Stephanie Bishop, MA


Stephanie earned a BA in History and English at George Fox University in Newberg, Oregon in 2004. She completed an MA in African Studies at the University of Basel in 2010 with an emphasis in History and Social Anthropology. Her interests developed around practical topics: water access and distribution, cultural epidemiology, and science and technology in Africa.  She wrote her MA thesis about the position of the mining industry as an influential stakeholder in South Africa's water politics.

Stephanie is also an adept Documentation Specialist, with an enterprising spirit, a project management certificate and 6+ years experience in technical and marketing writing and program communication. In 2010, Stephanie completed internships at the Centre for African Studies in Basel and at Mercy Corps headquarters in Portland, Oregon.  Her diverse career has instilled her with flexibility, multi-cultural competencies and expertise managing writing projects and high work volumes in complex organizations.  Stephanie currently applies these professional strengths as a Research Assistant in the group Technological Artefacts in Urban African Settings at the University of Basel.  Her Phd project (2011-2014) is about the production of the urban waterscape in Zambia.

MA Thesis

Damming the Olifants: Mining and Hydropolitics in the Limpopo Province


The Olifants River Water Resource Development Project (ORWRDP) was begun in 2004 to provide projects and infrastructure that would address water needs in the Olifants River Basin in the Limpopo Province, South Africa.  One of the projects proposed was the De Hoop dam, to be built on the Steelpoort River, a tributary of the Olifants. This De Hoop dam and water management strategies here are of particular interest to the mining sector. The region boasts the world's largest reserves of platinum group metals in the world and many other rich mineral deposits. Mining contributes 20% of the regional economy in the Olifants River basin through providing employment and stimulating economic growth, but access to sufficient water is an essential element for industry operations. The mining industry therefore has a vested interest in water resource management strategies and water rights allocation. For example, the Department of Water Affairs and Forestry worked with 21 mining houses to negotiate the use and funding for the De Hoop dam.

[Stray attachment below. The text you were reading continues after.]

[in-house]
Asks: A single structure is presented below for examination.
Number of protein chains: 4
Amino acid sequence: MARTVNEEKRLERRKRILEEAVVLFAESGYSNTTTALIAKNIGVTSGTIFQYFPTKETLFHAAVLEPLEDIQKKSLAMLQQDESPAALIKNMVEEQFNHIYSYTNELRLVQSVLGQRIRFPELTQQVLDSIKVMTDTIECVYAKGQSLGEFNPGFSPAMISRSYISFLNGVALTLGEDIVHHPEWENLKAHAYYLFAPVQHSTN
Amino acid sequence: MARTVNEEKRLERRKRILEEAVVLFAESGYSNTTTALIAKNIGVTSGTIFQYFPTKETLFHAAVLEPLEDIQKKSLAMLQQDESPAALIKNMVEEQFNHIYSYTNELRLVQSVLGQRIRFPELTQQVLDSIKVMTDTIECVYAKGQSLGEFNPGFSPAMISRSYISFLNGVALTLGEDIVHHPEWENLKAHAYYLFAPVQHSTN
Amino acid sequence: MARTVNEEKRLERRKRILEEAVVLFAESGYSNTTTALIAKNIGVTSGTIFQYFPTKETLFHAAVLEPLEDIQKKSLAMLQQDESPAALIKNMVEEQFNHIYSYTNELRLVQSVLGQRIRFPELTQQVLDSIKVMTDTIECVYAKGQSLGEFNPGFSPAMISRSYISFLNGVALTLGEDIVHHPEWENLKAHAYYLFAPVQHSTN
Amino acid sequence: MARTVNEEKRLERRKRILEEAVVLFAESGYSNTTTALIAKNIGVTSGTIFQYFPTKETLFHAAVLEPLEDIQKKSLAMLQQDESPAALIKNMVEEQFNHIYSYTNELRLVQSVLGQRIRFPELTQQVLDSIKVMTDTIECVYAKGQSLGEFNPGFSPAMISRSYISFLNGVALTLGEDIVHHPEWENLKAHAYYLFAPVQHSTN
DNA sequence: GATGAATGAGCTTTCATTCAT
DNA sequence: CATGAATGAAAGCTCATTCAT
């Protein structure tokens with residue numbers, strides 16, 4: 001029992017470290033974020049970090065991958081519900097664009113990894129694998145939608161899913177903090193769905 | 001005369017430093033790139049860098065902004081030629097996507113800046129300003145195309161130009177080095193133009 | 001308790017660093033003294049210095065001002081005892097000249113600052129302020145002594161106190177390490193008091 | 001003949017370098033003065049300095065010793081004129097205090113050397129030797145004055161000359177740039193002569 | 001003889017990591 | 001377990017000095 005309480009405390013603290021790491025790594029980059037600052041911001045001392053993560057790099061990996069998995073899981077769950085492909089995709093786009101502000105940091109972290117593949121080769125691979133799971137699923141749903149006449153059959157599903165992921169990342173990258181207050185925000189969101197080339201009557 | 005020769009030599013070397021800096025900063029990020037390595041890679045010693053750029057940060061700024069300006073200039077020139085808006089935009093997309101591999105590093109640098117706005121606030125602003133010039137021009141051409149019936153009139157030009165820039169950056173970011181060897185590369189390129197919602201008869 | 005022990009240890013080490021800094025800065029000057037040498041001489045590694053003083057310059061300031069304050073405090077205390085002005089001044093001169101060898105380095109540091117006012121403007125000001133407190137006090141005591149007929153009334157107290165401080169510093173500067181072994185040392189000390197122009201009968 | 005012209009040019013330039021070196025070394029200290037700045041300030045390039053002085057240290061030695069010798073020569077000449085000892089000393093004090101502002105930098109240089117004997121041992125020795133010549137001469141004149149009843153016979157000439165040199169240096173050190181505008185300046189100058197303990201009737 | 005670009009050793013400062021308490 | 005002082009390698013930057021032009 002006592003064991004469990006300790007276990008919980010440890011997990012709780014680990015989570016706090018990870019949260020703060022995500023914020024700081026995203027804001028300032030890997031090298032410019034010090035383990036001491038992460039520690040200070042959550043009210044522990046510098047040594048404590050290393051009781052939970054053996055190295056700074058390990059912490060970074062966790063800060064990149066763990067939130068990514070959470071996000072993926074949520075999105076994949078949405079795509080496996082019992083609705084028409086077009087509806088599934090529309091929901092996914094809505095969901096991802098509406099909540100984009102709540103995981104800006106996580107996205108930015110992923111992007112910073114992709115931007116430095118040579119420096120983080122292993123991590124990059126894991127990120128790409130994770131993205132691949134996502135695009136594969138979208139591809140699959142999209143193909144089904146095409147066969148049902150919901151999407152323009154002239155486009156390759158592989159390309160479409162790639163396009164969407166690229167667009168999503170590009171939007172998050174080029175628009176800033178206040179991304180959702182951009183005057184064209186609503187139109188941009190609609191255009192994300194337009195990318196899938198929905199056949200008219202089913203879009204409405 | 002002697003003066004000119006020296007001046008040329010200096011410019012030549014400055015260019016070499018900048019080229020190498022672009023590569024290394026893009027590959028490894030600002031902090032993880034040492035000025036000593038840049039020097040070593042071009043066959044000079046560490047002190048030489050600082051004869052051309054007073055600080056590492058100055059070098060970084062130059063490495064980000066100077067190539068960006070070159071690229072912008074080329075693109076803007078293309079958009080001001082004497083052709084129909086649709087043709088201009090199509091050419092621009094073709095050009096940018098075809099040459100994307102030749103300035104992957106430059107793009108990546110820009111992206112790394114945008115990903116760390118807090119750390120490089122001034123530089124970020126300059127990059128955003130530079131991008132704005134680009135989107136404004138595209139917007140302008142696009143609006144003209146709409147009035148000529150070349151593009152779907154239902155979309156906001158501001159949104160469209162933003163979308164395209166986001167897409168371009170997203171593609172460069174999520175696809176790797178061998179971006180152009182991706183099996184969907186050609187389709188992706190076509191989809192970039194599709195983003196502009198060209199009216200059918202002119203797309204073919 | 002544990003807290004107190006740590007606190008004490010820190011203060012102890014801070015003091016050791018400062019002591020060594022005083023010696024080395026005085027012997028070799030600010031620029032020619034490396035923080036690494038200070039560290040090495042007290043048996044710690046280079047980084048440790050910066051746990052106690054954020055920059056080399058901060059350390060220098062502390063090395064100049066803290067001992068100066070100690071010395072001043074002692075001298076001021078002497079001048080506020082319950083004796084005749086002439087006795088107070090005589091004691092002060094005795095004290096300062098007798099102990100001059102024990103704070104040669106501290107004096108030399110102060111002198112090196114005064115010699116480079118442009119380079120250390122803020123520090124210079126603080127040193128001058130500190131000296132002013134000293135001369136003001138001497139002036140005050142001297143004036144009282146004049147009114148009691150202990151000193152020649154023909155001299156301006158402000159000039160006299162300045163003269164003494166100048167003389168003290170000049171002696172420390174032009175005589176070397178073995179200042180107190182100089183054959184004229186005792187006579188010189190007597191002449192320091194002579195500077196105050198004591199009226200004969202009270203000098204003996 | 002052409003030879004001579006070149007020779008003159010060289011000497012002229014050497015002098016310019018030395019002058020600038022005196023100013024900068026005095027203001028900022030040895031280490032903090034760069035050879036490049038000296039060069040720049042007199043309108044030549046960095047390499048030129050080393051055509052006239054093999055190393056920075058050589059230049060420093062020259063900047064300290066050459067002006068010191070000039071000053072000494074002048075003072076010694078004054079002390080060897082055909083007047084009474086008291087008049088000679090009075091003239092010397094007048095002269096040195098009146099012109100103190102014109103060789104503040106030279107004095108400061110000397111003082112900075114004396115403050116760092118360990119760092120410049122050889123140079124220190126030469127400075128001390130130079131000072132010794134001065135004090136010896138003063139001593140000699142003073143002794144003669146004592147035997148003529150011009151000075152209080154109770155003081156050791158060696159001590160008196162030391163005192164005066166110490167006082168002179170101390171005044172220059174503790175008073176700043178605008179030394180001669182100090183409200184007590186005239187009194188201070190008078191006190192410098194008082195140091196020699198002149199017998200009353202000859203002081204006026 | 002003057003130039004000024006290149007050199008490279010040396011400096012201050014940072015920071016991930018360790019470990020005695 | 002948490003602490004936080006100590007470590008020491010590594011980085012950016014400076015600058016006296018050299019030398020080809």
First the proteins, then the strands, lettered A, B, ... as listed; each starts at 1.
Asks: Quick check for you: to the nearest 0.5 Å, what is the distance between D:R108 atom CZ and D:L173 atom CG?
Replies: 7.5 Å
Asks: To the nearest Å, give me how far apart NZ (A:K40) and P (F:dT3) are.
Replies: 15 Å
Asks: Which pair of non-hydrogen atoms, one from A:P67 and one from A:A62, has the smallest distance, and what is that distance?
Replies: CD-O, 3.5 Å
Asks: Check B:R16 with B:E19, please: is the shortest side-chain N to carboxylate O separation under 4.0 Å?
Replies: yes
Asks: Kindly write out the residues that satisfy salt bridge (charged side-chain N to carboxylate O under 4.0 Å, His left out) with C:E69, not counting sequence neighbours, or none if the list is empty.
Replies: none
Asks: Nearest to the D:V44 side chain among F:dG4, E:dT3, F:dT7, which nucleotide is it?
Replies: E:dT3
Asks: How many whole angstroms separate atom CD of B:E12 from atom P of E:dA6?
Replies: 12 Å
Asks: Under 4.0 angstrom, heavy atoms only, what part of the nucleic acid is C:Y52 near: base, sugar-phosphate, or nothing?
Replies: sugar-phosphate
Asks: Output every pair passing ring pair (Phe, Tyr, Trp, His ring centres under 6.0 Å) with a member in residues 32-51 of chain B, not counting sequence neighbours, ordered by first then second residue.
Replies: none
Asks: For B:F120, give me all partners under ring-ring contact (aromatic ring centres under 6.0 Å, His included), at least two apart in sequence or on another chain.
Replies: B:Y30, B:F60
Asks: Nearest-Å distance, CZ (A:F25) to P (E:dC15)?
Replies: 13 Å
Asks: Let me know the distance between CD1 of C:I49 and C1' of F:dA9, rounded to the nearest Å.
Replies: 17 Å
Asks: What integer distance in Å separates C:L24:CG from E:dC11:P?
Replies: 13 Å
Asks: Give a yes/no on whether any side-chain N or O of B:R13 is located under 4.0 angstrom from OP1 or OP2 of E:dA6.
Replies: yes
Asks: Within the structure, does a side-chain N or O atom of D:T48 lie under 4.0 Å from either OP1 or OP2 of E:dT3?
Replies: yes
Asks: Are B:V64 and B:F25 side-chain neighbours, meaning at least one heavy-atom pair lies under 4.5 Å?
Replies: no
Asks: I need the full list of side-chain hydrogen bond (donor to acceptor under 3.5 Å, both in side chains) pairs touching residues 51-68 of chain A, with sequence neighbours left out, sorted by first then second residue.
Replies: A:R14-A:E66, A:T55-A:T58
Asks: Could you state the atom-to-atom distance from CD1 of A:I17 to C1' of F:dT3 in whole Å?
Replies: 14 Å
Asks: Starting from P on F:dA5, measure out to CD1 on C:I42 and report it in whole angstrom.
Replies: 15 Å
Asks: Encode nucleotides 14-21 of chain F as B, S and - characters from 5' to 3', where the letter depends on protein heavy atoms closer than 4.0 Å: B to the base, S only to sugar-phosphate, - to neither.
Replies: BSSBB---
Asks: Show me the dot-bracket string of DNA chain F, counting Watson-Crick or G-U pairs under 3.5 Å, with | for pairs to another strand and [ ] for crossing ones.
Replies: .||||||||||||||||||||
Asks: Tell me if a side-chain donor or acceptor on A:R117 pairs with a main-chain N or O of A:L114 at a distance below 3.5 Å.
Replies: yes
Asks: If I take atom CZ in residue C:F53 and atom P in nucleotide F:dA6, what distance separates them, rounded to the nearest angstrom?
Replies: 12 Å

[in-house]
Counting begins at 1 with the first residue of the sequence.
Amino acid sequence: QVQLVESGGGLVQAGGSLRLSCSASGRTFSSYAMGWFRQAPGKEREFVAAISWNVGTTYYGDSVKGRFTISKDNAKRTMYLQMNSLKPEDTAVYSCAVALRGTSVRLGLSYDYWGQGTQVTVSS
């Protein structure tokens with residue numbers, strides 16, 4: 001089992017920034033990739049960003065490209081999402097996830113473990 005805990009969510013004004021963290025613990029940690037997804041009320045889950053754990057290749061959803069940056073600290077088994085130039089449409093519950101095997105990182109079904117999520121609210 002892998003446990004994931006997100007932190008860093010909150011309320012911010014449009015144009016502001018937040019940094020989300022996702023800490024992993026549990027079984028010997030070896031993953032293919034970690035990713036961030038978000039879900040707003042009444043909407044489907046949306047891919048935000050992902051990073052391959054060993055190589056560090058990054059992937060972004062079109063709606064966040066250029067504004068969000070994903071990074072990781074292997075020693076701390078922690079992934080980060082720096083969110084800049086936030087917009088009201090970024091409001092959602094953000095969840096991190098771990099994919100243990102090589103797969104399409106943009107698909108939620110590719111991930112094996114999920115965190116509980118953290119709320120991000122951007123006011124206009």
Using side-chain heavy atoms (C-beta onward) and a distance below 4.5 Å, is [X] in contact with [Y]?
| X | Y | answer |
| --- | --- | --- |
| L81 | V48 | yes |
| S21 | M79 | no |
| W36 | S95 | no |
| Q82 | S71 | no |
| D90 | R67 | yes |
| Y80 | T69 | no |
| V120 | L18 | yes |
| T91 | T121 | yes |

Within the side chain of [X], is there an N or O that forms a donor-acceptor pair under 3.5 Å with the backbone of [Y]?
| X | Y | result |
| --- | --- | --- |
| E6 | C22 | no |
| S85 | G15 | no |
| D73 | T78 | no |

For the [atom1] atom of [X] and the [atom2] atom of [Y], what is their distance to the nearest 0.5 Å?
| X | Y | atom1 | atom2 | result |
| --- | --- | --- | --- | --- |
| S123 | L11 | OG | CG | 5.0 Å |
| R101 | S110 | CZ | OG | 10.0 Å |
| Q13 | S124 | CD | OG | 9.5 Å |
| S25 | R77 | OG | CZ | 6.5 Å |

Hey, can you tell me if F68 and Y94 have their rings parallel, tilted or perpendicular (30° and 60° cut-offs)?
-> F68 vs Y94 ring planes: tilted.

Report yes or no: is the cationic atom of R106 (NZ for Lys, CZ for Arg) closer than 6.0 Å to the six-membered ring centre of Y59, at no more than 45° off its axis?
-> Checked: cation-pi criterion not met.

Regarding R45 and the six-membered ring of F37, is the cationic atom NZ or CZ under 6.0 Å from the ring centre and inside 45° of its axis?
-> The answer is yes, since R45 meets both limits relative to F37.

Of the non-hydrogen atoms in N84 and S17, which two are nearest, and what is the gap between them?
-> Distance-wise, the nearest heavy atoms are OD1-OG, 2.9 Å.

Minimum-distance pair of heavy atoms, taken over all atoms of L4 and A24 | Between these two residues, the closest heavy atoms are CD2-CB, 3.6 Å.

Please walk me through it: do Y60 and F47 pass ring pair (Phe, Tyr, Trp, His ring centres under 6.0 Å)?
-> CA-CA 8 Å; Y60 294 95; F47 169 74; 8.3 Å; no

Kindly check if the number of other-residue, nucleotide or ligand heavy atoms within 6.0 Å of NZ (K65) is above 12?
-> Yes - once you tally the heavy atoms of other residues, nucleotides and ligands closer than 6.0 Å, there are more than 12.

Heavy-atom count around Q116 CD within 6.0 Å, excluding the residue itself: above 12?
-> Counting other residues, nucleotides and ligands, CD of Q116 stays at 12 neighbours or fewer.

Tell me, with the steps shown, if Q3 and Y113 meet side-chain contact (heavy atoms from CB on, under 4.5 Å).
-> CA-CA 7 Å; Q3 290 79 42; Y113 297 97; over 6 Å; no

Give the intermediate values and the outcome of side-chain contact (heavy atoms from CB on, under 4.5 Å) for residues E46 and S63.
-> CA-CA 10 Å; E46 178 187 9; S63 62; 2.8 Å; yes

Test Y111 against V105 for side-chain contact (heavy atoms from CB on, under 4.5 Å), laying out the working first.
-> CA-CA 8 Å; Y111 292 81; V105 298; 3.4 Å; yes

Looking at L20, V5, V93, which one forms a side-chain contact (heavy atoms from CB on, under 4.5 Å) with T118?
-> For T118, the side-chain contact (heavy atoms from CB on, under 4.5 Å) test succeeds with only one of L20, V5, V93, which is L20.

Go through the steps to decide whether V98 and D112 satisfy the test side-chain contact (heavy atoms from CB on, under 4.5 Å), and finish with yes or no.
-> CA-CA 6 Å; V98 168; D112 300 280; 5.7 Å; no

This thesis examines the position of the mining industry as an influential stakeholder in the processes of water governance in South Africa. The research draws from a case study of two parallel dam projects in the Olifants River Basin--the De Hoop Dam and the proposed Richmond Dam, which has been the center piece of a heated controversy since the mining company Anglo Platinum first indicated their plan to build the dam.  The conflict ensued between Anglo Platinum and a community called the Ga Mawela, whose land would be partially inundated if the dam was built.

These projects and the conflict they have sparked indicate on the one hand how entwined water, mineral and land rights are in South Africa.  They also point to divergent ideals about resource management--ideals that play out in disagreements over particular projects, and which are a legacy of fundamental changes in the legal structures that govern water and land rights. 

This thesis argues that the De Hoop dam and the ORWRDP fit into the government's strong narrative of progress and the fight to roll back poverty though investments in technology and industry.  I demonstrate the similarities between the government-sponsored ORWRDP and Anglo Platinum's argument for the necessity of an additional dam to further ensure progress in the future. 

I argue that the Ga Mawela community and Anglo Platinum's opposing positions on the Richmond dam may be interpreted as illustrative of different imagined versions of a future society in the Olifants River basin and South Africa at large.  I compare company and community rhetoric in the negotiations to show that each group framed the conflict over the dam in terms of specific narratives and acted politically to pursue their ideological interests. To this end, I look closely at how the company and community maneuvered within the legal framework and also within social contexts to promote their respective goals.  The Ga Mawela community rather successfully tapped into the internet community, social networking opportunities, and a tide of public opinion in support of land restitution in their effort to block the Richmond dam.

I suggest that the outcome of the Richmond dam case may represent a shift towards the weakening of the mining sector's ability to influence water politics as they see fit.  This should be considered in balance, however, with the ORWRDP, where the mining sector has been an essential financial contributor and therefore still a strong (and far from disinterested) voice in the dialogue about water and progress in South Africa.


Centre for African Studies Basel
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